Just because a road wasn't closd by the farmers, it DOESN'T mean it was open. Severe flooding followed heavy rains that started last weekend, soaking thousands of lives in sorrow and hardship.

Four people drowned in the flood waters, and many homes were completely wrecked.

Four people died in the flooding that began last Saturday, including a man and his teenage daughter, buried Monday. The bridge they were driving over gave out as the raging water rushed under it.

They were buried Monday, as was a third man, who'd been carried to his death in the floodwaters. A fourth fatality, a man missing since Saturday, was found Monday.

The areas hit were around the cities of Xanthi in the north, and Arta in the west.

Village residents spent fear-filled nights, anticipating the worst, that some river would spill over, a dam would give way, and they would be up to their knees in muddy water.

In between storm alerts, victims took in the damage. Looking over the destruction in his house, one man said, "Everything's fit for the trash".

People lost everything from beds to stoves to refrigerators.

And outside, it was no better, as people lost livestock and farmers, their crops.

Hundreds of acres of crops were destroyed in the Arta area. One man lost his orange trees.

The government responded immediately, issuing victims with 800 dollars in emergency relief money. And crews were out clearing away the mud, assessing the damage. Red cross tents were set up with the help of local authorities, making sure that residents got first aid any other medical attention they needed.

By Thursday, the weather had cleared up in most places. Only in Evros in northeastern Greece were people concerned by a river that had burst its banks and damaged hundreds of cultivated acres.

What was left for the victims was to clean up. One man said he'd managed to get all the mud out of his house, and life goes on.

In one village, women shovelled for days to clear out a basement apartment.

Thousands of people had their problems.

Much of the damage was done to roads. Several villages were left cut off for several days. The most dramatic example was the case of a road that had simply collapsed for a length of 200 metres. The mail man called the village residents with his horn from one side of the damage. They approached from the other side. He was bringing retirees their pension payments. Many roads won't be back in service until the spring.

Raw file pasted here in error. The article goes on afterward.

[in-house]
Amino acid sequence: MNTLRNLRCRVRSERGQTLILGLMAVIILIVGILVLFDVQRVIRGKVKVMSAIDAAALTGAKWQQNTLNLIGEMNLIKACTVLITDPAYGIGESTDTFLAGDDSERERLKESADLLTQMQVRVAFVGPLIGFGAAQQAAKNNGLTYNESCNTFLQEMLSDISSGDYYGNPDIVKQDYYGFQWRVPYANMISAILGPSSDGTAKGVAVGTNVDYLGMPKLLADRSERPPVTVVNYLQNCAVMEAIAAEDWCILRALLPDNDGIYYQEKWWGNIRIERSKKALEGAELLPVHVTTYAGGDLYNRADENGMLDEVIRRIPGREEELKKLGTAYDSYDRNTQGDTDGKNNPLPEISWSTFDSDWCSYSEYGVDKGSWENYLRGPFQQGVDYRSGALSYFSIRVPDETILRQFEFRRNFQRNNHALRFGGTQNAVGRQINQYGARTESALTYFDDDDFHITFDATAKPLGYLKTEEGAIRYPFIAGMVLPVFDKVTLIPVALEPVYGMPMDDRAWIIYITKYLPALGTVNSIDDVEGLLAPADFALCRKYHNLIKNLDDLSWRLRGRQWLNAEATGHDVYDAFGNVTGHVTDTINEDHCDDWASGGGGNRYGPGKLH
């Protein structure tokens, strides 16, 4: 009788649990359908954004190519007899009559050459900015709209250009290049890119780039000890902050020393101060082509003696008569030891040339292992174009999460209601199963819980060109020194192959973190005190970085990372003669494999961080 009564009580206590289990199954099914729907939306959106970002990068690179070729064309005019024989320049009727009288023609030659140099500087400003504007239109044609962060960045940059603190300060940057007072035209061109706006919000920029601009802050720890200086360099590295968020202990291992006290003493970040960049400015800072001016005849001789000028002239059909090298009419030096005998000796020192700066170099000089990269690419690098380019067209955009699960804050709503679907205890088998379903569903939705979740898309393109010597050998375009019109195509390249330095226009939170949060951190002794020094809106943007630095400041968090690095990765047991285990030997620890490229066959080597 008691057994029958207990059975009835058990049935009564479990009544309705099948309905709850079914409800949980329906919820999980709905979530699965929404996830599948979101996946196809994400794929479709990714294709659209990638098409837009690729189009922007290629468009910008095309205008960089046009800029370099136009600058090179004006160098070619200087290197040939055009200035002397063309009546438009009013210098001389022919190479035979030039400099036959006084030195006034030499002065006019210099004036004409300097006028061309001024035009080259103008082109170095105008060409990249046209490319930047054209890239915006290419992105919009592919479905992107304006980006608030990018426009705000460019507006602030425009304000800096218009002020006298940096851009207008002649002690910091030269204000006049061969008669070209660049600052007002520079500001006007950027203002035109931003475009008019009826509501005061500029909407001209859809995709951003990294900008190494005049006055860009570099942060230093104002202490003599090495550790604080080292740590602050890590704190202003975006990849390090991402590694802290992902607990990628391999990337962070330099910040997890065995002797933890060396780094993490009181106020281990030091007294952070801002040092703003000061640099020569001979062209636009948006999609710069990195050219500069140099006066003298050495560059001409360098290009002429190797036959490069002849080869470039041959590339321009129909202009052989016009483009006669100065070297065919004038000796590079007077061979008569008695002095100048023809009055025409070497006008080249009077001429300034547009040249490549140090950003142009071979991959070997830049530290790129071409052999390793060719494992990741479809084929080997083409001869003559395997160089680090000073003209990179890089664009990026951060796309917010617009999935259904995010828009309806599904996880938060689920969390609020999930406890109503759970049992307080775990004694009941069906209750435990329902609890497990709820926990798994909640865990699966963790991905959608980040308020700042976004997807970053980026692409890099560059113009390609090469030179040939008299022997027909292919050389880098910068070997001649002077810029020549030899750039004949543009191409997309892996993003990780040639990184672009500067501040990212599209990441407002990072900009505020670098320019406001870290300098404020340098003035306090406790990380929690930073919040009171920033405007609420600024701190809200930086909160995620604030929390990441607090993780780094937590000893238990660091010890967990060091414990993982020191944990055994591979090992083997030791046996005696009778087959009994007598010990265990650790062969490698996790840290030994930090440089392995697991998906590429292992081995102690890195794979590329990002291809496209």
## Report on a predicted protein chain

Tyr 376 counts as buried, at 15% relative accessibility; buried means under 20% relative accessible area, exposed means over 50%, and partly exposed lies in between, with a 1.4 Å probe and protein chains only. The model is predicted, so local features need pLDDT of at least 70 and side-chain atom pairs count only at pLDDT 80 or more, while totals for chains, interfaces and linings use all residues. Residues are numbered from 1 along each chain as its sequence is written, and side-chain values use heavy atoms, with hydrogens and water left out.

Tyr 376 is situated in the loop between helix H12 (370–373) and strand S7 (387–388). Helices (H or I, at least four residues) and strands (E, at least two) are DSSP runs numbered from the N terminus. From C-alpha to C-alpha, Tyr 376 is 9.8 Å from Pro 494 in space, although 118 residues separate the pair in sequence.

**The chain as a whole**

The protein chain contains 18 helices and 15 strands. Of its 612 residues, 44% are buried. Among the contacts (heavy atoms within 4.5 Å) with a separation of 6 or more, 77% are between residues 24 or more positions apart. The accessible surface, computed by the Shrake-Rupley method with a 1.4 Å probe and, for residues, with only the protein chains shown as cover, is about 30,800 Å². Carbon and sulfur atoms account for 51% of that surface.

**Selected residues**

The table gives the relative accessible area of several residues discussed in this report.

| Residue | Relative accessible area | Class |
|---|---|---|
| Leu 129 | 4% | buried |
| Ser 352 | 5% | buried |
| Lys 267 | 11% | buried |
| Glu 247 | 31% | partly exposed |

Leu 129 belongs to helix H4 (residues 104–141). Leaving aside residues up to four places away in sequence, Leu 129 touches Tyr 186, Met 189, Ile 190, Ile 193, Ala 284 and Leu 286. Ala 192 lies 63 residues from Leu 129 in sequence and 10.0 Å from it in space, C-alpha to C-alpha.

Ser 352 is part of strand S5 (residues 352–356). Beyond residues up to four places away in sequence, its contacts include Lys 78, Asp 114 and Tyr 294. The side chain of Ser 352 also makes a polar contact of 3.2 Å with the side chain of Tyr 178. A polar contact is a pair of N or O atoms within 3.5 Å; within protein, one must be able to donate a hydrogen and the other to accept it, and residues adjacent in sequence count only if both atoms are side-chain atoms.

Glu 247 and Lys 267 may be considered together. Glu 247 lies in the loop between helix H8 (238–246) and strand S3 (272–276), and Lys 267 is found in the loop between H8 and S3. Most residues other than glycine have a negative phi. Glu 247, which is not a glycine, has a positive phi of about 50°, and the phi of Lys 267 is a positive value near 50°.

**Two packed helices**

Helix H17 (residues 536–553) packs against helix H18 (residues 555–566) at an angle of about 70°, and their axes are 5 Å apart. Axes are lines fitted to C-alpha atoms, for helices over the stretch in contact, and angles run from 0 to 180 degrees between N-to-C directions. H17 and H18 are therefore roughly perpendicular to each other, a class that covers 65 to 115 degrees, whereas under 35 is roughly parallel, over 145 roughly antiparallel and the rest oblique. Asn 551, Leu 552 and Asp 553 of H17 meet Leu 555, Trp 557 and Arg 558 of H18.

The flood victims will need all the assistance they can get in the meantime, and perhaps long after.

For the loved ones of those who died in the disaster, there are wounds that will never heal.


Prime minister Kostas Simitis said this week that it is up to Turkey to make the first move toward better relations with Greece.

Mr Simitis spoke briefly with the Turkish president on the sidelines of the Organisation for Security and Cooperation conference in Lisbon.

The Greek leader attached little importance to the informal chat, and said they did not discuss any issues of substance. He added that there is no prospect of bilateral dialogue in the near future.

Greece was stung by Turkey's attempt to use its military muscle to get hold of the Greek isle of Imia in January.

Hellenism was also stung by the murder of three men at the hands of Turkish troops and nationalists in Cyprus this year.

In Lisbon, Mr Simitis said that talks ARE underway to impose a moratorium on Greek and Turkish military flights over Cyprus.

In Portugal, the Greek leader also met with the Albanian president, an noted that relations between their two countries are improving all the time.

And Mr Simitis had a brief talk with the president of the Former Yugoslav Republic of Macdonia. They did not discuss the issue of Fyrom's name.


The most beautiful girl in the world is, well, MISS World, Irini Skliva.

Antenna and Nikos Mastorakis recently caught up to the stunning 18-year-old who was crowned Miss World in India a few weeks ago.

With Irini was her adoring mother, who said her daughter has a heart of gold to match her endearing smile.

"When she was a girl, she used to make us our morning coffee before going to school", she recalled.

Asked if she would do the same for her husband, Irini responded with a laugh.

Irini Skliva's star may be rising in the 1990s, but she misses the 1960s.

"People enjoyed themselves differently then", she says. "Nowadays we just go to crowded clubs and hold our drinks. Nobody dances".

She may not like the modern scene, but she says today's kids are alright. Older people often say today's youths have no goals or dreams.

But Irini says they have both. She says adults should get closer to their kids, and think about what THEY want.

© ANT1-Radio 1996